Classic Car Mart|February 2020
Two British-made modern classics which made credible sporting saloons despite their unlikely origins.
Craig Cheetham
For years, the Germans dominated the compact sports saloon market, but in 2001 there were two brand new contenders, both from iconic British brands.

In the green corner was Jaguar, with its all-new X-Type. Developed from shared Ford technology and using some of the architecture from the Mondeo, the new baby Jaguar was the marque’s attempt to muscle in on the marketplace dominated by the BMW 3-Series, Audi A4 and Mercedes C-Class.

It made its debut in January 2001 and was initially available in V6 petrol form only, equipped with four-wheel-drive. It was criticised by some purists for lacking Jaguar’s traditional quintessence, while there were others who bemoaned the fact it was based on the Mondeo. In reality, though, it was far less Mondeo-based than many believed – the front subframe, floorpan, suspension and brakes were the same, the rear end was derived from the advanced multi-link set-up from the Mondeo estate and it used Ford’s chain-driven V6 engines. But the rest was unique. Indeed, had Jaguar been more upfront about how much Mondeo was in the X-Type at launch, there’d have been less speculation.

Besides, the Mk3 Mondeo was one of the finest handling family cars of its era, so the heritage was nothing to be ashamed of.

In the red corner, meanwhile, was MG. A brand revitalised after Rover’s divorce from BMW. Under the new MG Rover company, there was a huge shift in marketing, moving away from the mature and refined values of Rover toward an altogether more mischievous image portrayed by MG. The famous octagon had been absent from the saloon car market since the demise of the MG Montego in 1990, but the new ‘Z’ cars, launched in March 2001, marked a return to sports saloons and this time without a red seatbelt in sight.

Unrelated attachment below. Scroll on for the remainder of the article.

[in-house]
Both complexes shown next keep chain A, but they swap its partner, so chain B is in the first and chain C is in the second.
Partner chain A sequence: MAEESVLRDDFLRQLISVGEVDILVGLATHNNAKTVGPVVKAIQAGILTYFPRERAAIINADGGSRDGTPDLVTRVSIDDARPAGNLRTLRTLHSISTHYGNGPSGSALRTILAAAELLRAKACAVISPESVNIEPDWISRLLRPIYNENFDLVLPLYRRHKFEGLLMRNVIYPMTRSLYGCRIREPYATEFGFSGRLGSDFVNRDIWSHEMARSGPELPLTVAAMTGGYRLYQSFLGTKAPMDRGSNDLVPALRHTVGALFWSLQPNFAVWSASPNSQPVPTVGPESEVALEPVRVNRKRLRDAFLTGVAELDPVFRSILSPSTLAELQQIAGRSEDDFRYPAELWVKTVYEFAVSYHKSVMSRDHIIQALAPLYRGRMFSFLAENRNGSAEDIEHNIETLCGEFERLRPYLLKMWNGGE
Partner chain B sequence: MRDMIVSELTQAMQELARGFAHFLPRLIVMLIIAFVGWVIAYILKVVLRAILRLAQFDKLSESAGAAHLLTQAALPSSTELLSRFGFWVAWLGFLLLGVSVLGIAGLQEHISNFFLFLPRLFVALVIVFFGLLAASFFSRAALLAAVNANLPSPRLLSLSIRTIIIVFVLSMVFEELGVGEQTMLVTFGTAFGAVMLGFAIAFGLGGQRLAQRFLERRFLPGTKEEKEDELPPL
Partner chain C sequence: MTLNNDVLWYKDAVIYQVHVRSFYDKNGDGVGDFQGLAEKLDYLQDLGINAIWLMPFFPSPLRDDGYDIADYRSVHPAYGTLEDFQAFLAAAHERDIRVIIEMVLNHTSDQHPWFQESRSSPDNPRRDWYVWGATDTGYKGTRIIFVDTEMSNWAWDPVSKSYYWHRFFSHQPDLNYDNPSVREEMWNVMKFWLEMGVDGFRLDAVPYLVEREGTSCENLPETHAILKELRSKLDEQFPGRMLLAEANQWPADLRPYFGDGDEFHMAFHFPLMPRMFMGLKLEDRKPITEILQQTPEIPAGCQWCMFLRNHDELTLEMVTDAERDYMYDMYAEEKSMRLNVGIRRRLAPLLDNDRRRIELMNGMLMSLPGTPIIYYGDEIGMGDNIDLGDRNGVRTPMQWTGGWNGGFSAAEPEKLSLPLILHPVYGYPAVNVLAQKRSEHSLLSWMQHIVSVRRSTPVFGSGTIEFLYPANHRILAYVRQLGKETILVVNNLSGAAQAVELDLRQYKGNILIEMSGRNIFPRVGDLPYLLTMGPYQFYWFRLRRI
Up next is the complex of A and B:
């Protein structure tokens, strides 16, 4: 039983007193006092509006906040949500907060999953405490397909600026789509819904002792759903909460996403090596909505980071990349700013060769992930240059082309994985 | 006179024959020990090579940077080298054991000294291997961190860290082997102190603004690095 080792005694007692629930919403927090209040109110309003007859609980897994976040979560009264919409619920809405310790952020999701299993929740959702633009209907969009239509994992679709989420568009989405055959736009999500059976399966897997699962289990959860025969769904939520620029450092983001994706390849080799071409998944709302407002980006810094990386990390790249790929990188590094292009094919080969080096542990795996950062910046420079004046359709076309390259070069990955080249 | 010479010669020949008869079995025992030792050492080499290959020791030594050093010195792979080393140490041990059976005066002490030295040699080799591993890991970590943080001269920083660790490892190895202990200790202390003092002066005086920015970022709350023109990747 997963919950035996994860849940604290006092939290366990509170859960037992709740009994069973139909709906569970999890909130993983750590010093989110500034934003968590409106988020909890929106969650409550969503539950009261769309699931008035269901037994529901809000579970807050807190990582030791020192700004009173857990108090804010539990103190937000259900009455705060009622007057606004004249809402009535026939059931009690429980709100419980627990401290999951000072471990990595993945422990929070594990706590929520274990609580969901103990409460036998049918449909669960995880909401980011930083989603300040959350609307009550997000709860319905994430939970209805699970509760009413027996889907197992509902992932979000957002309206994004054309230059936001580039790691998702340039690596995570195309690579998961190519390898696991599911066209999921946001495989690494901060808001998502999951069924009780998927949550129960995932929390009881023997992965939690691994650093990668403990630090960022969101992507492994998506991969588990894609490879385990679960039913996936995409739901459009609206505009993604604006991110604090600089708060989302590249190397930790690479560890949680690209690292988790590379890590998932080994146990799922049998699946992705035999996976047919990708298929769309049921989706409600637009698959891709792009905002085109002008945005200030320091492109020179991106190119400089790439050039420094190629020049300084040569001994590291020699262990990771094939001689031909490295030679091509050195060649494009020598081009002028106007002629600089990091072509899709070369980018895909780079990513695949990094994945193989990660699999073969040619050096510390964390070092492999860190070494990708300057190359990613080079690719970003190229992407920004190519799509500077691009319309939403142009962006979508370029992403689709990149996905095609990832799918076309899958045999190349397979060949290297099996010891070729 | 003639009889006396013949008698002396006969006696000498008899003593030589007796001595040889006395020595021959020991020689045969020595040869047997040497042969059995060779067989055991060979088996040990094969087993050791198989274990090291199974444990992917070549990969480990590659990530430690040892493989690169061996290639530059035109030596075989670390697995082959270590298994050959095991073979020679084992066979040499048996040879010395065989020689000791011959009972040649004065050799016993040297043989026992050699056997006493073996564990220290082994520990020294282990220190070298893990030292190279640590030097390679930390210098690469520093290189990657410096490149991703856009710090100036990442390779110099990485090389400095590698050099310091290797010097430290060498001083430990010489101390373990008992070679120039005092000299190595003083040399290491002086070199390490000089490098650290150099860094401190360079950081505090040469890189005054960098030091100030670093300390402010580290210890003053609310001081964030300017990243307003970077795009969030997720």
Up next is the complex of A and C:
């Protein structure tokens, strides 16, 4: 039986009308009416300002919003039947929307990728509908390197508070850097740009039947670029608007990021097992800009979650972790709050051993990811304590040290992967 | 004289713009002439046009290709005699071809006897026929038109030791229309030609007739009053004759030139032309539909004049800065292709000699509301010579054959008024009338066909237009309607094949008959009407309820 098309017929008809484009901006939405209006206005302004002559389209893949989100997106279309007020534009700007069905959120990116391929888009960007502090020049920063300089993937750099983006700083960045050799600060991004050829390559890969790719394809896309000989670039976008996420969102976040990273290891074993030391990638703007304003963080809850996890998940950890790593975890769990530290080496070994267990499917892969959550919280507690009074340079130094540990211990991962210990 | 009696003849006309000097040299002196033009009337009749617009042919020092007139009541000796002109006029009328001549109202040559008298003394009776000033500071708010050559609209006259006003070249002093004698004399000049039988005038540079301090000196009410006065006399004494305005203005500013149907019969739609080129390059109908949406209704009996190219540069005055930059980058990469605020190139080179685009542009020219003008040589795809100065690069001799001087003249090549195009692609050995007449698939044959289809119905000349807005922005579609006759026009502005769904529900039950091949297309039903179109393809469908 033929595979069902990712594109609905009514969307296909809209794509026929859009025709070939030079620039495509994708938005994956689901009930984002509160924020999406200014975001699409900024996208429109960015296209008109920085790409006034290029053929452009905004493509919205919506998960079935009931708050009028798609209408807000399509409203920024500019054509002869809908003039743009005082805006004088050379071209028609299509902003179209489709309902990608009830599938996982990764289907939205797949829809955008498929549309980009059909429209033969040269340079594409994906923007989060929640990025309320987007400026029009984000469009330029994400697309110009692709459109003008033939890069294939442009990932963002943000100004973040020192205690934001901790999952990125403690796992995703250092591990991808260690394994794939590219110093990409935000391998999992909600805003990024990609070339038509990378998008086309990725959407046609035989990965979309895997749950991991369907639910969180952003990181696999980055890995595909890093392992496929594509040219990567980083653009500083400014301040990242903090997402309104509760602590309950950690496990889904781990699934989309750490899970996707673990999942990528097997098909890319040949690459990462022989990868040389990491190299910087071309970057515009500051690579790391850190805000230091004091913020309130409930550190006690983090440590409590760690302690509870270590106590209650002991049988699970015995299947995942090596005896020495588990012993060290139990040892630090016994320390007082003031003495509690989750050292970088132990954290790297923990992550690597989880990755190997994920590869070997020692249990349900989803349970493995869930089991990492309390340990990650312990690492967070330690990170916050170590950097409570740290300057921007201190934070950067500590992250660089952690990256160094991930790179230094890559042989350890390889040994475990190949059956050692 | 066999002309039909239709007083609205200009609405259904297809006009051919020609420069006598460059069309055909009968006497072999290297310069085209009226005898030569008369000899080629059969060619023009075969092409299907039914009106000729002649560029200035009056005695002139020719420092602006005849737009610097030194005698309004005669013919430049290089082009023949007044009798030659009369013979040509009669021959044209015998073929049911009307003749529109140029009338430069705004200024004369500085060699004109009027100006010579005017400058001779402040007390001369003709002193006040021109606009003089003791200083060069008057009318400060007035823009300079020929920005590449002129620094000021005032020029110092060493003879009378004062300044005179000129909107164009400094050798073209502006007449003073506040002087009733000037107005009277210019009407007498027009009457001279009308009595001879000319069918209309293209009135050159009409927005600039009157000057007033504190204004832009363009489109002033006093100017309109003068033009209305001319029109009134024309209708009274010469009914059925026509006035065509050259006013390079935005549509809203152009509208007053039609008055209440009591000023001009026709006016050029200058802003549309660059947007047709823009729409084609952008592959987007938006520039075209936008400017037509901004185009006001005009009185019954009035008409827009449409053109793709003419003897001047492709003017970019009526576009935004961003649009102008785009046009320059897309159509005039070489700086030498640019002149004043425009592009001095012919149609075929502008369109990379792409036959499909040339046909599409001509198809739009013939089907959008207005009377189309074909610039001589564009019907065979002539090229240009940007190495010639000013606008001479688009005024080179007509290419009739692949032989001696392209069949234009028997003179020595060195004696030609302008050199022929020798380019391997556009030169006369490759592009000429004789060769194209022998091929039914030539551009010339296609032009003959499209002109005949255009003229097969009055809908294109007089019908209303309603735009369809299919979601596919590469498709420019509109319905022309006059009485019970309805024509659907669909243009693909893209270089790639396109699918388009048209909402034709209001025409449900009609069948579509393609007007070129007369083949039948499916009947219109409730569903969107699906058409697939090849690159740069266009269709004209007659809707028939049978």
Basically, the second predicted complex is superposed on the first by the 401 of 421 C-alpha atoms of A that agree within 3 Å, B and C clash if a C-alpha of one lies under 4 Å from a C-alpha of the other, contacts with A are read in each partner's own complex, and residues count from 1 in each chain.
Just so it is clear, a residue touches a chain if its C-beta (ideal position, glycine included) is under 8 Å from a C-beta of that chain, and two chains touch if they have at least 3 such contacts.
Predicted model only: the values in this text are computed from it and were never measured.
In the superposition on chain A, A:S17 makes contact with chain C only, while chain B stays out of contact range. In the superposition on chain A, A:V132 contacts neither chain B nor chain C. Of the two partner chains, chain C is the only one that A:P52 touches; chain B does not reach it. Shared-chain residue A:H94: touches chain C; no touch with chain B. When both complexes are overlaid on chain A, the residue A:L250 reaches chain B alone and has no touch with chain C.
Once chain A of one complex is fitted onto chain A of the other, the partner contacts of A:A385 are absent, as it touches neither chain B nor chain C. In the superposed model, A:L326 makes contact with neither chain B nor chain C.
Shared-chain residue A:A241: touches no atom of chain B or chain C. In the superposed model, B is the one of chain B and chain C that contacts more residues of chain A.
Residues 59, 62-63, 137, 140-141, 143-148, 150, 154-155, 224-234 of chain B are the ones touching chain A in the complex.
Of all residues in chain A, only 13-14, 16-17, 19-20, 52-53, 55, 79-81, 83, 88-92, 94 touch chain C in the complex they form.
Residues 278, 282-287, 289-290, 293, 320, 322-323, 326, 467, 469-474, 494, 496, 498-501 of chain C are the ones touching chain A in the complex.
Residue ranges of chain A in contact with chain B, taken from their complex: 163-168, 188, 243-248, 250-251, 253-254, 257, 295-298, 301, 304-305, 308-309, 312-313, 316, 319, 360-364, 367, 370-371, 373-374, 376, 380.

The flagship MG was the ZT, based on the Rover 75. It wasn’t the obvious candidate for a sports saloon – after all, the 75 was all about refinement and luxury. It was a fine car, possibly Rover’s best-ever, but it was engineered with comfort over performance. MG Rover’s chassis engineers knew what they were doing though, and despite the outward similarity, the ZT was a very different car to the 75 in terms of its dynamic appeal. It was much firmer, with sharper steering and a short-throw gearbox that completely altered its character. It was the Mr Hyde to Rover’s Dr Jekyll. A pure-bred sports saloon.

The ZT and X-Type Sport were obvious rivals. Jaguar offered the Sport in 2.1, 2.5 and 3-litre V6 guise, with a diesel coming later. Meanwhile the 75 was initially offered as a 2.5-litre V6 or 2-litre diesel, with 1.8 petrol and 1.8 turbo models following on.

In 2.5-litre guises the pairing were so close on paper that they made an obvious comparison, with the same list price when new and just 6bhp separating their power outputs. The MG is front-wheel-drive while the Jaguar uses a viscous coupled driven all-wheel-drive system with a 60% rear drive bias. Both were drivers’ cars, but with a helpful dose of practicality thrown in. Indeed, you could even get an estate version of each, the MG from 2002 and the Jaguar from 2004. But which is the best of these British bruisers today?


The Sport was the variant which Jaguar chose to launch the X-Type in a move to attract new, younger buyers to the marque. It followed it up with the SE, which was a far more traditional car with fluted leather trim and a chrome radiator grille.


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February 2020